While the relative merits of Jesus’s ministry on earth may be debated in contrast to that of Theudas or Judas of Galilee, what makes the early Christian movement unique, at least in Luke’s eyes, is its staying power beyond the removal (whether by death or by ascension) of its prime mover. In that sense, Jesus was indisputably (if metaphorically) resurrected as his message continued to harangue the temple authorities long after his disappearance from the city and, indeed, the Earth. Gamaliel’s argument for leniency also suggests to us that Jesus’s ministry of healing the sick and casting out demons was not created in a vacuum but was considered, at least by his critics, as belonging to a tradition of unregulated prophets who had always existed in the Jewish culture as a counterbalance to the legitimized corridors of religious and political authority. Swayed by Gamaliel’s warning, the council sufficed itself with giving the dynamic duo a vigorous beating and then released them again with the same warning to desist preaching and healing in Jesus’s name.

After this second visit to the council, the church underwent something of a transformation as the Twelve created a new hierarchy of disciples elected from the body of followers who had been converted since Jesus’s ascension. On the surface, this decision appears to have been motivated by sheer necessity as the Apostles complain that it “is not right that we should give up preaching the word of God to serve tables” but what happens immediately after suggests that the church was drawing more attention (and thus more persecution) from the temple authorities and its leaders knew that they would have to abandon Jerusalem as the epicenter for their movement if they were to continue growing at the rate they had enjoyed thus far.

Among these elected “deacons” was Stephen, a man described in the Acts as “full of faith and of the Holy Spirit” who, in time began to work “great wonders and signs among the people” [6:5,8]. In response to Stephen’s growing fame, a number of the church’s detractors began a whisper campaign against Stephen until he was brought before the council for teaching that “Jesus of Nazareth will destroy this place [the temple], and will change the customs which Moses delivered us” [6:14]. Stephen’s self-defense was radically different from Jesus’s as he delivers a short synopsis of the history of the Jewish people from the time of Abraham up through Solomon. Though renounced by Catholic and Eastern Orthodox Christians, this passage lays the groundwork for a theological idea known as progressive revelation wherein it is suggested that God revealed his plan for humanity in stages; stages of which orthodox Judaism (as practiced in the 1st century) was nothing but a vestigial hold-over and Christianity, the most recent and presumably final iteration. Through most of his defense, Stephen embedded this idea into a conversation about the physical temple and its evolution from a tent in the wildness to the architectural wonder produced during Solomon’s reign, noting at the end that “the Most High does not dwell in houses made of hands” [7:48]. Then, he ditched the metaphor and went, instead, for the jugular.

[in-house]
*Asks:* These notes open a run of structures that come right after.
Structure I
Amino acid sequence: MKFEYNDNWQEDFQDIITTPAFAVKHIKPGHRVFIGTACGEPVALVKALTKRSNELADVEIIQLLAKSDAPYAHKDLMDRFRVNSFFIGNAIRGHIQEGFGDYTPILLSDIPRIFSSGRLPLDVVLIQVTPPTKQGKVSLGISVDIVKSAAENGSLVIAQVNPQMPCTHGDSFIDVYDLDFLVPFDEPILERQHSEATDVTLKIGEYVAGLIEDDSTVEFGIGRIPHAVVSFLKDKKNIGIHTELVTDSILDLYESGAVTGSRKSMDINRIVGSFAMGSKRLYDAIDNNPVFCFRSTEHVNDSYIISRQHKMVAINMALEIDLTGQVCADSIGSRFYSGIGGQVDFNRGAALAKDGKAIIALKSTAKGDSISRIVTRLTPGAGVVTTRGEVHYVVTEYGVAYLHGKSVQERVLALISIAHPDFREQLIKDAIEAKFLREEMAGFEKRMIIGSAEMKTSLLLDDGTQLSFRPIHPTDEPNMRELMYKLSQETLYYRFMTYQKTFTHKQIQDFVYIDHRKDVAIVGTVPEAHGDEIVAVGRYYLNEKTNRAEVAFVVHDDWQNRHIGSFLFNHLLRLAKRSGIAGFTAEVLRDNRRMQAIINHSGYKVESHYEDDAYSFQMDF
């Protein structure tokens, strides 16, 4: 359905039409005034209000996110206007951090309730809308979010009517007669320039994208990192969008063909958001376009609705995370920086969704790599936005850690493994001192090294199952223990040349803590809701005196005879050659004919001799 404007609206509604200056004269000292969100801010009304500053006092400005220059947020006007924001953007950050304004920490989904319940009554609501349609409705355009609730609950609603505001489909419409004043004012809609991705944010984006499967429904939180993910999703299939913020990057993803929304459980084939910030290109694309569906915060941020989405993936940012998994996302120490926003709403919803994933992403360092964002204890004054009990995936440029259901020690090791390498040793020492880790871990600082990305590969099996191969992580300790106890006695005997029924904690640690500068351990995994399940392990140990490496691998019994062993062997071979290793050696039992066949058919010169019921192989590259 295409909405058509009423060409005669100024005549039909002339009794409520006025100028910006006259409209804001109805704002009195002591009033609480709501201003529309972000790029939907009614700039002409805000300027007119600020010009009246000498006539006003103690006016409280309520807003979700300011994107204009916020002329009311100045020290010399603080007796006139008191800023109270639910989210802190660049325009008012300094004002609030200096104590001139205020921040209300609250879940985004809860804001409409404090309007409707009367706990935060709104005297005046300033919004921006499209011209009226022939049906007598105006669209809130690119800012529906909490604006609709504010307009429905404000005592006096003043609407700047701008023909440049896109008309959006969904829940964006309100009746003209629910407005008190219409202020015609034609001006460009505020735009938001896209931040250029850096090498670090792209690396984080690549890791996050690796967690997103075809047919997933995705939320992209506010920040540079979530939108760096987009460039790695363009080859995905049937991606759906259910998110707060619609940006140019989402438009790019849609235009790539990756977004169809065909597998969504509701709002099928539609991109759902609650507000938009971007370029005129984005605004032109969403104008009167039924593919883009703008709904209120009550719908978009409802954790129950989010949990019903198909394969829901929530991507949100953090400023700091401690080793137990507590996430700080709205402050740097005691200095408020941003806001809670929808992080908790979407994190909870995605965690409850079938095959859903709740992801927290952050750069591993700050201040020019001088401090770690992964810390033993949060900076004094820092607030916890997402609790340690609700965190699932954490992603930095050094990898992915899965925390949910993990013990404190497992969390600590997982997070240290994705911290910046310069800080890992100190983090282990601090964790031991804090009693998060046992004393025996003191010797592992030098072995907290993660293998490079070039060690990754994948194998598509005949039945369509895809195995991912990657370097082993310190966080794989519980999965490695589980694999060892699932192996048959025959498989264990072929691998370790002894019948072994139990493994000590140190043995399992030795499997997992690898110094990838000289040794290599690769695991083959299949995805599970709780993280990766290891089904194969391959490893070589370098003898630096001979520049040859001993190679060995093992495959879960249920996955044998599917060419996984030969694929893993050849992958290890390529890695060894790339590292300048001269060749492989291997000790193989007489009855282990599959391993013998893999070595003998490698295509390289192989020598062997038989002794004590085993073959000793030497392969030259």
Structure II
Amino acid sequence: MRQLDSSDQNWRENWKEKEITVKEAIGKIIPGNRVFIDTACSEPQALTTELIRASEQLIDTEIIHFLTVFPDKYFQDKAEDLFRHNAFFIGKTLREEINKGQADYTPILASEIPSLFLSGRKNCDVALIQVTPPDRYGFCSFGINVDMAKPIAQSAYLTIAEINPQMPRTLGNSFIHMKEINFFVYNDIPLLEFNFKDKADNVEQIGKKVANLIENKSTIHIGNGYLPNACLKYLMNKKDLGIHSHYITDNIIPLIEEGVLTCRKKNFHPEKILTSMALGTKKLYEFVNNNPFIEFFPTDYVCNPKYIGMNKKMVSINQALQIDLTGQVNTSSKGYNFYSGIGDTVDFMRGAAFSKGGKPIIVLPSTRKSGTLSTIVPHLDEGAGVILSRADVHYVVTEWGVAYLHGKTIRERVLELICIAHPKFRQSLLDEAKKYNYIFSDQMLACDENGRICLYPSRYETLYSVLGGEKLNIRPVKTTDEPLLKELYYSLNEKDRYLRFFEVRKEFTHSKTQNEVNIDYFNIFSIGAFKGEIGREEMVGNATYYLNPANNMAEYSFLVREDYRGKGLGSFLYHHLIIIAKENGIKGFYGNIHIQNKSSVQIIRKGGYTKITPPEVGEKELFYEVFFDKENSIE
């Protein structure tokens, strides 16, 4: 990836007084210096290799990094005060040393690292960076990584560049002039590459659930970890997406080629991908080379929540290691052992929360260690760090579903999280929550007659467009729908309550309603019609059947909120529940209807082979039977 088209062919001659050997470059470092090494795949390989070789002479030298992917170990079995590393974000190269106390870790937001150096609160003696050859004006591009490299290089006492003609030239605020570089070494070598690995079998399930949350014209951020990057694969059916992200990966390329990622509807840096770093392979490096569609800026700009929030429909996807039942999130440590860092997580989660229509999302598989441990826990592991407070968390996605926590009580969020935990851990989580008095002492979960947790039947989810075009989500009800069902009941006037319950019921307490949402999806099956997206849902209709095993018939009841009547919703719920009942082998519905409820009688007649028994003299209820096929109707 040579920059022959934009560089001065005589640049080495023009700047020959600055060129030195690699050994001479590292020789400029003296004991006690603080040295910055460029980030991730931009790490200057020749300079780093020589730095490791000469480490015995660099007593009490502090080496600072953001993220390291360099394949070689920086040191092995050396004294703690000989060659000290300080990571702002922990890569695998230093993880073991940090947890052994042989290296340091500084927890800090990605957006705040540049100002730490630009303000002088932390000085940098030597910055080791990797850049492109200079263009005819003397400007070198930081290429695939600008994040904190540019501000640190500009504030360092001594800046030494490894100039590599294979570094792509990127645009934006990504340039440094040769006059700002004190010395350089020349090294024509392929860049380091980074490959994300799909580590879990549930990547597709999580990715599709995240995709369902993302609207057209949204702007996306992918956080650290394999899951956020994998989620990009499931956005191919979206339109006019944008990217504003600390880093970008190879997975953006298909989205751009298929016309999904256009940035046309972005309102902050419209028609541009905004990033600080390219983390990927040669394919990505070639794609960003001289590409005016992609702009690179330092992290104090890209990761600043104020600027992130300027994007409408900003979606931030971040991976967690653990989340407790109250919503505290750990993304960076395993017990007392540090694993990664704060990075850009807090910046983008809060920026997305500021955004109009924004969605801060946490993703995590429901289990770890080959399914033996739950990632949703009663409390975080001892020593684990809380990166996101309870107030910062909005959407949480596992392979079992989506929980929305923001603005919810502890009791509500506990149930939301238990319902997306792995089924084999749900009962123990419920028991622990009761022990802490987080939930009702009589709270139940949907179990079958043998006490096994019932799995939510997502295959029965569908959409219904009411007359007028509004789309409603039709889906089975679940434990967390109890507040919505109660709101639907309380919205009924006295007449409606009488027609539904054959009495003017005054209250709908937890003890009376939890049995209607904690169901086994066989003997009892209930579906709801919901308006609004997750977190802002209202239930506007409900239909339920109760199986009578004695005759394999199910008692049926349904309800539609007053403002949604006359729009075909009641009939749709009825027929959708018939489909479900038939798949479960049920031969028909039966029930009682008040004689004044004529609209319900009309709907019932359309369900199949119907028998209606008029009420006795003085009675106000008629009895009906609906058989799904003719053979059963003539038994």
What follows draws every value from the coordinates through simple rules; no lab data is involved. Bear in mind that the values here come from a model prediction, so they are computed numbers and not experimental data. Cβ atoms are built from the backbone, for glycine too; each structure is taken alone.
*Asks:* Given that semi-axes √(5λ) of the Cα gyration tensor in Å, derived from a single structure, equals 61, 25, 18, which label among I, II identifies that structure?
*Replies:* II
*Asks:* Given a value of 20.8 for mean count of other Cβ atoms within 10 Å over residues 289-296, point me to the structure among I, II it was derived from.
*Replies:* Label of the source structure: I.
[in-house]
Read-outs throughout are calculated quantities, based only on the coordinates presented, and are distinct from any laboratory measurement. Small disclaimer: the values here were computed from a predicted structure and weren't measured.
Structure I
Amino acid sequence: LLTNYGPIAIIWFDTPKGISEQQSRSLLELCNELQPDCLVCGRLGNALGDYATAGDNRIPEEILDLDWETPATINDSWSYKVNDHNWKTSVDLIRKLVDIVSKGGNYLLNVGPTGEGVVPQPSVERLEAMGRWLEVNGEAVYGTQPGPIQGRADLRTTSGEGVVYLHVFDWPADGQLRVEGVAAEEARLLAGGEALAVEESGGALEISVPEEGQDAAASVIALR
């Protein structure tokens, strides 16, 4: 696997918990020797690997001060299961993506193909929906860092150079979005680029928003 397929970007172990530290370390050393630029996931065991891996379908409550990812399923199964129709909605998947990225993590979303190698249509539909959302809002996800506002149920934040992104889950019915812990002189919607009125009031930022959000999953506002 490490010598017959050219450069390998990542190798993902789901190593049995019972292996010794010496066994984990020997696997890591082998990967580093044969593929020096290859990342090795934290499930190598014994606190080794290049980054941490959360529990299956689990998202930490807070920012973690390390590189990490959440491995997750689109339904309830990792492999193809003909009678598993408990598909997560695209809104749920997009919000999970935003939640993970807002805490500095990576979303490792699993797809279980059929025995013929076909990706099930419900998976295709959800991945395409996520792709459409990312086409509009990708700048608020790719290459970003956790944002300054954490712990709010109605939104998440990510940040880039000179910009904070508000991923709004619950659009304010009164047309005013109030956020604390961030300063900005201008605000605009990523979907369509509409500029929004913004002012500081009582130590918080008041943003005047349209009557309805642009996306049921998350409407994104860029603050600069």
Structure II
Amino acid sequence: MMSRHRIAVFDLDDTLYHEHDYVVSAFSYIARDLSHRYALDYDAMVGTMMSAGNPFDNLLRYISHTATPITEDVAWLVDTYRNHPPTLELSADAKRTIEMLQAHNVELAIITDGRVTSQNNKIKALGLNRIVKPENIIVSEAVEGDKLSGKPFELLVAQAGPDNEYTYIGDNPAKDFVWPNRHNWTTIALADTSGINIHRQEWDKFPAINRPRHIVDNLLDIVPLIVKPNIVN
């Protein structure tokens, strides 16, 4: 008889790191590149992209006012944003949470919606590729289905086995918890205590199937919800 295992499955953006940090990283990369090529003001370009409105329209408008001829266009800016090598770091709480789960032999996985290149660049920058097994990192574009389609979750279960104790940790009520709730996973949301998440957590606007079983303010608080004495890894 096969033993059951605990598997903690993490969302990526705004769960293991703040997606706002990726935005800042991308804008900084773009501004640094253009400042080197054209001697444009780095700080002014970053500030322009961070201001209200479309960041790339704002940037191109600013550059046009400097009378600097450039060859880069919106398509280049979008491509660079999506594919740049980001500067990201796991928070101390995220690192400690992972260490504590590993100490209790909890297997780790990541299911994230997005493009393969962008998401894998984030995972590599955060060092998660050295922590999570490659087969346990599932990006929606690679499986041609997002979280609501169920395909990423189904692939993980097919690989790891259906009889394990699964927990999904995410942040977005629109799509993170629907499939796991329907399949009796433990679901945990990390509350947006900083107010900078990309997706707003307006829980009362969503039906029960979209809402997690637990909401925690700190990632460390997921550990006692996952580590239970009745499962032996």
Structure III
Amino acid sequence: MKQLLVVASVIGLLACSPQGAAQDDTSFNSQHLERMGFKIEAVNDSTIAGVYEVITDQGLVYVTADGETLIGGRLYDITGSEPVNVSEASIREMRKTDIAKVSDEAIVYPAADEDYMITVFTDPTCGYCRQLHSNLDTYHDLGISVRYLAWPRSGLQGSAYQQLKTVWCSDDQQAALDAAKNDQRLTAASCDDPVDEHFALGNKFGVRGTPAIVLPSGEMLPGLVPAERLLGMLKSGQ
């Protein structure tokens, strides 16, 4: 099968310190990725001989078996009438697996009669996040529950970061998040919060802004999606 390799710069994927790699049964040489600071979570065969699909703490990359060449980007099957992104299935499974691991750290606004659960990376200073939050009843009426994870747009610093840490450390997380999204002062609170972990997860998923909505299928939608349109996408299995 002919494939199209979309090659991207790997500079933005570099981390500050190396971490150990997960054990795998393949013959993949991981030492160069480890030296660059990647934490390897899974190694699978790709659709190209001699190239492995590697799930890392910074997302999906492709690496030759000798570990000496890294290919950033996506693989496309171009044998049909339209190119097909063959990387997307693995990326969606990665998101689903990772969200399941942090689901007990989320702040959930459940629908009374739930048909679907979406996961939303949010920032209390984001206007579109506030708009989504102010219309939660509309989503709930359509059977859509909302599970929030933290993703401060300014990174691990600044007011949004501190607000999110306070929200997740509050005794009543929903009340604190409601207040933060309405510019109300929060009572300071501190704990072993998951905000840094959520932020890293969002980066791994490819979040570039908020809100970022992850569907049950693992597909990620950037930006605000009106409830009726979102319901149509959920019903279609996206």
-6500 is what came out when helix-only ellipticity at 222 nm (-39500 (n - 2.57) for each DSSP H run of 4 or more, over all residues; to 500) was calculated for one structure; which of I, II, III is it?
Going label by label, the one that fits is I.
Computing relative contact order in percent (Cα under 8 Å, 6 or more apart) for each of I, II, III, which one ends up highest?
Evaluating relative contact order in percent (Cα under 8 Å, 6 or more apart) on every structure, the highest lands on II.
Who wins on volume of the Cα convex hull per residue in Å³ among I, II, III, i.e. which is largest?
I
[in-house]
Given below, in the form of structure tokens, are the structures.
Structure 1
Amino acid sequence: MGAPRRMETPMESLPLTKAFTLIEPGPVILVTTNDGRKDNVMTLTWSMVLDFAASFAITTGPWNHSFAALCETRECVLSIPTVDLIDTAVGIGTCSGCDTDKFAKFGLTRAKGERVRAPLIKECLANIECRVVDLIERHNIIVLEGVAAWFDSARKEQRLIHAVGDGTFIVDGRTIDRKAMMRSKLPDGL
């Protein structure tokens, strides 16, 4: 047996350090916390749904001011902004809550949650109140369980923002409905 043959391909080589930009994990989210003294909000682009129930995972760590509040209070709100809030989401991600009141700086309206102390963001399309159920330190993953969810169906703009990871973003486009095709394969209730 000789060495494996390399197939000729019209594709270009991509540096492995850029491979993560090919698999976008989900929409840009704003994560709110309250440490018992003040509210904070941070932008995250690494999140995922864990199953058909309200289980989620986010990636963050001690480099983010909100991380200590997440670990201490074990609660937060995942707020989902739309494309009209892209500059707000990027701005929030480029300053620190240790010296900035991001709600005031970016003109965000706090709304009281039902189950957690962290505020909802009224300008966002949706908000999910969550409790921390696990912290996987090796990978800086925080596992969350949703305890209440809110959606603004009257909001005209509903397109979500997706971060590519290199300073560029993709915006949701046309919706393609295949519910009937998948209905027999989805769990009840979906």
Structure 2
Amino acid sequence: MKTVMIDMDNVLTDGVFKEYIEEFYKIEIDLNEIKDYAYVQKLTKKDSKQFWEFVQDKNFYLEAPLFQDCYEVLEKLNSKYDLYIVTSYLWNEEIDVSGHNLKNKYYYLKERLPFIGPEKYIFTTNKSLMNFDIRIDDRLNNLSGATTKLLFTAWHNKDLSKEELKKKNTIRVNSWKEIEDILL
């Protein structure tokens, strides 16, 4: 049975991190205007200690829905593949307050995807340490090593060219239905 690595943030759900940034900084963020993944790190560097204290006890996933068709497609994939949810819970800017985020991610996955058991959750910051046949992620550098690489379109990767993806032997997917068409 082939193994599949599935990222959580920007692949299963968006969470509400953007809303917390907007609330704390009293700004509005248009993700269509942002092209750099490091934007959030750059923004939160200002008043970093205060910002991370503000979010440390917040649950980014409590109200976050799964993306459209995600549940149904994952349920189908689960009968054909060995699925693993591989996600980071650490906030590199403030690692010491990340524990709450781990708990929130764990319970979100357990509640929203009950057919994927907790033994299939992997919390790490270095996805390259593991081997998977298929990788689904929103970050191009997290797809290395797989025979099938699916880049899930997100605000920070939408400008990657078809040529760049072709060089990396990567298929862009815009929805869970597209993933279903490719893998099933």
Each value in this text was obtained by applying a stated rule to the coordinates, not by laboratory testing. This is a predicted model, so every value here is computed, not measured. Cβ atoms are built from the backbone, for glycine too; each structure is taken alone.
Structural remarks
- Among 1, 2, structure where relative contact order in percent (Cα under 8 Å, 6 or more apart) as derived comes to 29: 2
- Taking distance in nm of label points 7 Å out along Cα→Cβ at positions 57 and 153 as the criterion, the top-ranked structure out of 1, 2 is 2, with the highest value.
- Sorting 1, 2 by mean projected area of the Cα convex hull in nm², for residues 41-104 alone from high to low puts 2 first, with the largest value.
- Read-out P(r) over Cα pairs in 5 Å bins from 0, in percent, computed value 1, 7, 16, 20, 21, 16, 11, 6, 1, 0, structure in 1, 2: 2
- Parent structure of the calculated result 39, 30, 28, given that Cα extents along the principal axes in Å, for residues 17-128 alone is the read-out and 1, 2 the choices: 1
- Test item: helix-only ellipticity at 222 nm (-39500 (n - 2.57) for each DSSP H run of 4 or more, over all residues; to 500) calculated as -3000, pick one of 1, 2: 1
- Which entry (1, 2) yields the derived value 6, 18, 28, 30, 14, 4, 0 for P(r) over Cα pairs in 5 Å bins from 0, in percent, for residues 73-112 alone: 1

You stiff-necked people, uncircumcised in heart and ears, you always resist the Holy Spirit. As your fathers did, so do you. Which of the prophets did not your father’s persecute? And they killed those who announced beforehand the coming of the Righteous One, whom you have now betrayed and murdered, you who received the law as delivered by angels and did not keep it. [7:51-53]

As the council members seethed at the implication of his defense, Stephen took that moment to look upward and announce that he could see, at that moment, Jesus standing at the right hand of God. That, by Luke’s account, was all the abuse they could stand and “they cast him out of the city and stoned him” [7:58]. Considering what a big deal the council had made about not having the authority to sentence Jesus to death, we might assume that this stoning was implemented by extra-legal means by a mob not directly traceable back to the temple. One can also consider the possibility that executing a lesser-known man like Stephen may have presented less of a threat to their reputation among the people of the Jerusalem than silencing a recognized prophet and miracle worker.